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Rambam - Sefer HaMitzvos
As Divided for The Daily Learning Schedule

Negative Mitzvot 169, 170;
Positive Mitzvah 183;
Negative Mitzvah 228;
Positive Mitzvah 20

  Day 146Day 148  

Negative Mitzvah 169: The Priests and Levites are not given a portion in the Land of Israel
Deuteronomy 18:1 "The Priests the Levites all the tribe of Levi shall have no portion or inheritance with Israel"

HaShem chose the tribe of Levi and their descendants to serve in the Beit HaMikdash.

The tribe of Levi includes both the priests and the Levites.

This is their special privilege and they are considered different from the rest of the Jewish people in several ways.

When the Jewish people entered Eretz Yisrael and divided the land among the tribes as HaShem had instructed them, each tribe was assigned a portion of the Land of Israel.

The tribe of Levi, however, was not given a portion. HaShem told them "I will be your inheritance!"

He appointed them to serve in the Beit HaMikdash and granted them the benefits of the rest of the people's gift offerings.

We are commanded to present them with different gifts of food to provide for their needs so they can concentrate on their service in the Beit HaMikdash without financial worry.

This Negative Mitzvah instructs the tribe of Levi not to demand a share in the Land of Israel.

Negative Mitzvah 170: The Priests and Levites may not benefit from spoils taken during the conquest of the Land of Israel
Deuteronomy 18:1 "The Priests the Levites all the tribe of Levi shall have no portion or inheritance with Israel"

When the Jewish people entered the Land of Israel and inherited it, HaShem allowed them to benefit from the spoils of war.

There are Mitzvot which explain when, where and which spoils are permitted to the people.

This Negative Mitzvah tells us that the tribe of Levi is not permitted to benefit from these spoils.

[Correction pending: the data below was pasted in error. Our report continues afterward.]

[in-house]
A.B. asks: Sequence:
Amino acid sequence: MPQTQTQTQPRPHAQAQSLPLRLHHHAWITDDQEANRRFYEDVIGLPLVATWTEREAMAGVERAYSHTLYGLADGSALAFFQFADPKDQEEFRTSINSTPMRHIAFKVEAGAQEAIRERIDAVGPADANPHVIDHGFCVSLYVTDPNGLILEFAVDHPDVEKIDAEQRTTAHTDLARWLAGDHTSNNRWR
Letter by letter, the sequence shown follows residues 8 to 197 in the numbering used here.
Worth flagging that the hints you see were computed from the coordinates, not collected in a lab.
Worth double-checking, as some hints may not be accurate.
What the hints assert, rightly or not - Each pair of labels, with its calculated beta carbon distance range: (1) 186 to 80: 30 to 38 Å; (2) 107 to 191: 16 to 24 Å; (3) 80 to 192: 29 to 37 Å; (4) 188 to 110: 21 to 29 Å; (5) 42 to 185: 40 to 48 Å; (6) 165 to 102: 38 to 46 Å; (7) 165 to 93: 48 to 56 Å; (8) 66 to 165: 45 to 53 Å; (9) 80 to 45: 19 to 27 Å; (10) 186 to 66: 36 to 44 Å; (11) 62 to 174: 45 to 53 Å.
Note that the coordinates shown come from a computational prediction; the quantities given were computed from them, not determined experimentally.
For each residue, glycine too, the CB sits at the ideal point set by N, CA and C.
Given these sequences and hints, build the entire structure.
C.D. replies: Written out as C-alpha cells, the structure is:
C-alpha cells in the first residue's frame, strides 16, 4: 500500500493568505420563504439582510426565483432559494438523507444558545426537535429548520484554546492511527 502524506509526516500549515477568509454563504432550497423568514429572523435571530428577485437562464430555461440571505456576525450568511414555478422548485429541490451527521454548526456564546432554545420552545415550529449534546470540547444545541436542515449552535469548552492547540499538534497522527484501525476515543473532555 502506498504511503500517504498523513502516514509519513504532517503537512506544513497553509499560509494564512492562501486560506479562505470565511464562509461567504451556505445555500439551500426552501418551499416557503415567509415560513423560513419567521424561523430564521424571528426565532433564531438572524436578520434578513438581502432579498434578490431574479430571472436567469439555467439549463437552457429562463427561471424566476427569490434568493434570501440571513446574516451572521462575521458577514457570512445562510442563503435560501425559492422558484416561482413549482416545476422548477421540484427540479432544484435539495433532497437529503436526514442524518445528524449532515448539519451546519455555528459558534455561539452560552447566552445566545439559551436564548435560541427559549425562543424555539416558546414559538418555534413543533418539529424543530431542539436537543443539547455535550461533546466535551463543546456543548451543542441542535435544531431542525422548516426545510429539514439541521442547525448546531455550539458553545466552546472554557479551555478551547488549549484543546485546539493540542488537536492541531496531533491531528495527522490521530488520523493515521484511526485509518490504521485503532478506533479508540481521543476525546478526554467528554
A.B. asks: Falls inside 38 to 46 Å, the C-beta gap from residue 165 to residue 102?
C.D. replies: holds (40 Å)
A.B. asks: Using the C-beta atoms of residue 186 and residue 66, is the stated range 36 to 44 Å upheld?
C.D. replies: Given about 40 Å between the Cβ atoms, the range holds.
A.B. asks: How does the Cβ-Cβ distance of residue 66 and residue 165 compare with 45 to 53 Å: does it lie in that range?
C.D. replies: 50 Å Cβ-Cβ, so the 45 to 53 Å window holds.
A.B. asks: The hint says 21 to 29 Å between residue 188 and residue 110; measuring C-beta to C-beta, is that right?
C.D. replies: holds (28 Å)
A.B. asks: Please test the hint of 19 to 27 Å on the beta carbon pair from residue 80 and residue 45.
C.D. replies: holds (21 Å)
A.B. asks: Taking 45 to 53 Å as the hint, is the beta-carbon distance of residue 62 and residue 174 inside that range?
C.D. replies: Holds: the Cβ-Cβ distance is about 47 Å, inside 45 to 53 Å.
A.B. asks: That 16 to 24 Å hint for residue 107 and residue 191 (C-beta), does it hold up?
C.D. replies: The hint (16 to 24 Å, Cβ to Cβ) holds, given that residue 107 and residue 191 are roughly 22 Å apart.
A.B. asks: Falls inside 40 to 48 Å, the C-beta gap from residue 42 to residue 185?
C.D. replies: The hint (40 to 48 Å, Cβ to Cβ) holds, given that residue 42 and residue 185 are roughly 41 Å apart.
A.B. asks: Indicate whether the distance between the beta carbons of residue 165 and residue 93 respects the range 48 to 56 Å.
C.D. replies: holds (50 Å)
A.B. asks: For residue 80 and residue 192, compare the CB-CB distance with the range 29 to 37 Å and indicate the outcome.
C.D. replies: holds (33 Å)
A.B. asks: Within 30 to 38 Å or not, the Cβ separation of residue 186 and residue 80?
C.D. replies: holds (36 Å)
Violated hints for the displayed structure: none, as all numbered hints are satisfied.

Positive Mitzvah 183: Providing Cities for the Levites
Numbers 35:2 "They shall give cities to the Levites from the inheritance of their possession to dwell in"

The Levites represent us in the Beit HaMikdash, performing the service of HaShem. That is their "inheritance" and special privilege.

It is our duty to provide them with cities in which to live, taken from the land given to each tribe. In this way, the Levites can live among us and teach us how to serve G-d in the best possible way.

Negative Mitzvah 228: It is forbidden to sell the fields outside the Levite cities
Leviticus 25:34 "But the field of the pasture land of their cities may not be sold"

The Levites, who serve in the Beit Hamikdash, are granted their own cities in which to live. This is their portion of Eretz Yisrael. In addition to the city, they are given land near their cities for their animals.

The Torah designated these areas for the Levites and they may not be sold or used for any other purpose.

Positive Mitzvah 20: Building the Sanctuary
Exodus 25:8 "And they shall make Me a sanctuary"

Lori had been begging her mother to sleep over at Shani's house for a long time.

Finally, her mother agreed and she packed her overnight bag excitedly.

The next day when Lori came home from school, her mother asked, "Did you have a nice time?"

"Yes," answered Lori, "but I feel much more at ease and comfortable at home than at Shani's house!"

Lori's mother smiled. She knew that "there's no place like home!"

HaShem is everywhere.

Yet, there is one place which He calls His home.

This is the Beit HaMikdash (the Temple in Jerusalem).

In the Beit HaMikdash, HaShem's greatness can be felt more than in any other place in the world.

This Positive Mitzvah commands us to construct this great building for HaShem.

Our world is a world where a rainbow could be. At first, there was a world that only received and returned no dividends. Its inhabitants took no ownership. They lived with their Creator's benevolence, they did what they did with no need for excuses, and eventually died as they died. And that was it.

With the Flood, this world was re-created. The earth was cleansed, the atmosphere purified. It became a world that could take the sunshine that poured in from above and refract it into many colors.

It became a world where a created being could be born, take the soul, body, share of the world and all the sustenance its Maker gave to it, use that, do something with that -- and then return it, saying, "See what I have done with what you gave me!" And so, G-d vowed to never destroy the world again. For, if the inhabitants would go wrong, they might always turn around and clean up their own mess.

From: Bringing Heaven Down to Earth by Tzvi Freeman -

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